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Ben Stiller Reveals Prostate Cancer Diagnosis

”I wanted to talk about it because of the test, because I feel like the test saved my life,“ ”Zoolander“ star says

Funnyman Ben Stiller was deadly serious when he revealed that he was recently diagnosed with and treated for prostate cancer.

Stiller, known for his work in films like “Zoolander” and “Tropic Thunder,” said he was diagnosed two years ago following some atypical results from a yearly physical.

“If I hadn’t gotten the test, my doctor started giving it to me at 46, I still wouldn’t know,” the 50-year-old actor said on “The Howard Stern Show” on Tuesday. “I wanted to talk about it because of the test, because I feel like the test saved my life.”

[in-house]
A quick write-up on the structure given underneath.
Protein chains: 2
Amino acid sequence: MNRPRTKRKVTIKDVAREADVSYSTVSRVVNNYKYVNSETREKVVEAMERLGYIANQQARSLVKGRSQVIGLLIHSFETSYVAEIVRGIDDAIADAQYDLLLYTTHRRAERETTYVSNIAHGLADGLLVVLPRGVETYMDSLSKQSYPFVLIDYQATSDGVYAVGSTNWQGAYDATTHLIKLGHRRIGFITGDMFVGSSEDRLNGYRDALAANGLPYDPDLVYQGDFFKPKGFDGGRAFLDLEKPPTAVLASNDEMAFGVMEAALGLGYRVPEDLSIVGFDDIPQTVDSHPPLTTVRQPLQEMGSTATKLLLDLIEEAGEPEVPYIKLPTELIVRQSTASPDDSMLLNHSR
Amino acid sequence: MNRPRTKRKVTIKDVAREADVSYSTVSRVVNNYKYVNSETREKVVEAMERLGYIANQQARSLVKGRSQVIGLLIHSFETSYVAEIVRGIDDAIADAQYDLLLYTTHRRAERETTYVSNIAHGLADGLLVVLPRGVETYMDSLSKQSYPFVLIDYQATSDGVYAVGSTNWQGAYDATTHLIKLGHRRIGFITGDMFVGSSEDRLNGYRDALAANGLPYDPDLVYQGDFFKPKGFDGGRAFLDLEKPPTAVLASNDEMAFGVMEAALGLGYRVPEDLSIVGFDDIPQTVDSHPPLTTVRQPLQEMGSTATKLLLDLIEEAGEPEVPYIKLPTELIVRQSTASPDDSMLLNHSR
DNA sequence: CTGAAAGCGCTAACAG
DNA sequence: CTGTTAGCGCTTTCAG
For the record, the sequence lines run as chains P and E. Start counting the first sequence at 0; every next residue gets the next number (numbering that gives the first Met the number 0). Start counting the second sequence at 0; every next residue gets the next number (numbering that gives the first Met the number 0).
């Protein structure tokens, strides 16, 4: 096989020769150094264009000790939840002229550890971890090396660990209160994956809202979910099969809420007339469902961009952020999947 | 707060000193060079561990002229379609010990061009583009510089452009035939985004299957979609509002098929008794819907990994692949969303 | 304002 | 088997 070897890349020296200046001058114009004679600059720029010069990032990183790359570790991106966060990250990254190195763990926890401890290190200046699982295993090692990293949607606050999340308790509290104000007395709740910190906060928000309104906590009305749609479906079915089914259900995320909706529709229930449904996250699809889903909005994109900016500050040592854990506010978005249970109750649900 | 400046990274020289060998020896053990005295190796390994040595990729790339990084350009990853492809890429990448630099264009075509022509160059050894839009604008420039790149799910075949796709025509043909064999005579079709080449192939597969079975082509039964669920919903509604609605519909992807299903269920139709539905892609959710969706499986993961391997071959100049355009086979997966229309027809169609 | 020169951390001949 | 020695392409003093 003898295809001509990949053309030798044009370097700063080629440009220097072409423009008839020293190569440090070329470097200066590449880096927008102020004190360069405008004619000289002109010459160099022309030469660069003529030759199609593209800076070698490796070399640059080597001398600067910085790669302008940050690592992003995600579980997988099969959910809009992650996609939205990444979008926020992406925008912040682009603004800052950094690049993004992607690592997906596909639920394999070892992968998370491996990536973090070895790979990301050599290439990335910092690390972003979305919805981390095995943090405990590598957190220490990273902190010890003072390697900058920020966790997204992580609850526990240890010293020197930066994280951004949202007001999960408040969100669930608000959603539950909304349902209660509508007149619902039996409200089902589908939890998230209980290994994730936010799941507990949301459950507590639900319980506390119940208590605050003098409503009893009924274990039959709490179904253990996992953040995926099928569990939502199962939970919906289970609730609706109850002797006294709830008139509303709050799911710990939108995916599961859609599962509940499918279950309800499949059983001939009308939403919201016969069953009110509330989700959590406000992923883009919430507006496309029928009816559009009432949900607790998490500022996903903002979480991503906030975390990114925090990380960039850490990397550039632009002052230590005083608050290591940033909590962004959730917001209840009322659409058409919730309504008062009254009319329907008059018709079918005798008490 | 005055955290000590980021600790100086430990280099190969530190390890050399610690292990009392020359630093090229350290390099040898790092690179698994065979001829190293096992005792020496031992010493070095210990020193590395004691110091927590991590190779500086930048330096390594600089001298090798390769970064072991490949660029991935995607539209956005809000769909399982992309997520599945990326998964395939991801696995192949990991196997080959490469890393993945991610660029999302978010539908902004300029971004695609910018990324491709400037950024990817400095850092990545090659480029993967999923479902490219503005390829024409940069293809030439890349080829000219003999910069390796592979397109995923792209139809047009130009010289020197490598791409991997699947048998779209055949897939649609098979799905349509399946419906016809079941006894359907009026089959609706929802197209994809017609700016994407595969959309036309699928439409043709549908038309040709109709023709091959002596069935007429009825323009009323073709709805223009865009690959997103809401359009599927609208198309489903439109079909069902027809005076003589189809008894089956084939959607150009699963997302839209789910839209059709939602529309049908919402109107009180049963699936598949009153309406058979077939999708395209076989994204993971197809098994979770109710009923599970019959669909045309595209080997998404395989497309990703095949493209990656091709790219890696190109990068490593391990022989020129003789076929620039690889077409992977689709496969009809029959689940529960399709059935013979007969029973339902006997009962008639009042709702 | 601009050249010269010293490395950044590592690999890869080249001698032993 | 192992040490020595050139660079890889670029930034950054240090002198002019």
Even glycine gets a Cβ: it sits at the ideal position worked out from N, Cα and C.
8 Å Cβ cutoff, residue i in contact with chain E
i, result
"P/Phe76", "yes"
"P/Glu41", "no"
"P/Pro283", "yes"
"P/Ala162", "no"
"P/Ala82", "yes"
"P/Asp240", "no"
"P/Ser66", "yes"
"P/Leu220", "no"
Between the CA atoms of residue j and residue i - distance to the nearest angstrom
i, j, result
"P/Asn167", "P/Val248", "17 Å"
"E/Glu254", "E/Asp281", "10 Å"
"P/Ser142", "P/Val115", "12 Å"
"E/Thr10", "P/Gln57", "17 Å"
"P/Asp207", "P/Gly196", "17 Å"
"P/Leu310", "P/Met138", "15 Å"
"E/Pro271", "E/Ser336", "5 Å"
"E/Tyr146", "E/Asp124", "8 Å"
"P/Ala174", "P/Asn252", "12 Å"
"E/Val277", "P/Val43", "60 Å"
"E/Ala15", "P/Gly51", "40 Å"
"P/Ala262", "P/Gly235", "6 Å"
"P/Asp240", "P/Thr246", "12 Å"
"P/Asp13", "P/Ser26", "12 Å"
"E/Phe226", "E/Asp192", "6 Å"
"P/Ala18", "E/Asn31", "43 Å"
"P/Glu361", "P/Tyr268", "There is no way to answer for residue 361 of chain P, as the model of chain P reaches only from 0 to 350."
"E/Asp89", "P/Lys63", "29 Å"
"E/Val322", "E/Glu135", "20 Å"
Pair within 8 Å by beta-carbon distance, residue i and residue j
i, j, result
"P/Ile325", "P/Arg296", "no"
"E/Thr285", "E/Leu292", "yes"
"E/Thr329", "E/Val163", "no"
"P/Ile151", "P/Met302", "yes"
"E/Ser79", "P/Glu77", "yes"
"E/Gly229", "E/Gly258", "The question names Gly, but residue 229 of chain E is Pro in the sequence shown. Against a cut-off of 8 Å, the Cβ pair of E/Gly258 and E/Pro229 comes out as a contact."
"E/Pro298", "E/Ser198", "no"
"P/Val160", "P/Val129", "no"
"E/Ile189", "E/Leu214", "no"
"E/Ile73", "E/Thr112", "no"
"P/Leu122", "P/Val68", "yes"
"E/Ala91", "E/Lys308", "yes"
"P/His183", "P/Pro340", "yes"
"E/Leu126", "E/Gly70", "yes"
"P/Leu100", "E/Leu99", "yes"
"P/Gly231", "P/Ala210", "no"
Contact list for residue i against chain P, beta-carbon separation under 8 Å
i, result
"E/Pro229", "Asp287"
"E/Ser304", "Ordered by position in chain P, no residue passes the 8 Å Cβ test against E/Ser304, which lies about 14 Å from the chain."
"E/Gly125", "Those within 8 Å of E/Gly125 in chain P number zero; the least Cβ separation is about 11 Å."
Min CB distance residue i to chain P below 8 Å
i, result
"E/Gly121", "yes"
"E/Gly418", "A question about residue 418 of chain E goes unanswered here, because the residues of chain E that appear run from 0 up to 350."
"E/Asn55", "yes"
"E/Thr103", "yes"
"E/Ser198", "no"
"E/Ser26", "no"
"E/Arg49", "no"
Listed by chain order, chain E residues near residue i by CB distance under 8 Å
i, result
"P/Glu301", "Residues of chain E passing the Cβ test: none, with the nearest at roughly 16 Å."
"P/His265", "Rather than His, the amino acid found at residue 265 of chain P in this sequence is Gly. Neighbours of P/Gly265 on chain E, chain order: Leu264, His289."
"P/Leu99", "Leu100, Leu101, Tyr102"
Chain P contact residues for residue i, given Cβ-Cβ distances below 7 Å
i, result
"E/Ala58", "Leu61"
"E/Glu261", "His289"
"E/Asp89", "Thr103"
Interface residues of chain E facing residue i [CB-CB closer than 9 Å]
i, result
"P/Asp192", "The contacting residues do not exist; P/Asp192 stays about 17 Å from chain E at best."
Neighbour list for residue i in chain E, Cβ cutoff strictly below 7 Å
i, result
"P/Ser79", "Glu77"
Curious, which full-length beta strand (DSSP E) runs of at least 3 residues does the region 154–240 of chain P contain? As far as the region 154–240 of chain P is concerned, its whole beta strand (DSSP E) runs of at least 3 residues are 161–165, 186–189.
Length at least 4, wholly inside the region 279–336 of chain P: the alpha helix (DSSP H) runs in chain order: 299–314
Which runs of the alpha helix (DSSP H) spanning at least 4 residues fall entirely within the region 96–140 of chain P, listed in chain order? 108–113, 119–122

The test Stiller referred to was the Prostate Specific Antigen (PSA) test, a blood test that measures the amount of a type of protein created by cells in the prostate in a person’s body. An elevated PSA level can often indicate that a man is suffering from prostate cancer.

“The controversy about the test is that once you get treatment for prostate cancer, things can happen: incontinence, impotence,” he said. “It’s the second most deadly cancer, but it’s also one of the most survived cancers, if it’s detected early.”

Stiller also wrote an op-ed piece about his experience for Medium, in which he encouraged others to get a PSA test for their own safety.

“I am not offering a scientific point of view here, just a personal one, based on my experience,” he wrote. “The bottom line for me: I was lucky enough to have a doctor who gave me what they call a ‘baseline’ PSA test when I was about 46.”

According to the Center for Disease Control, 176,450 American men were diagnosed with prostate cancer in 2013 — the most recent year in which data was available. Of those, 27,681 died as a result.

For more information about prostate cancer detection and treatment, visit the American Cancer Society.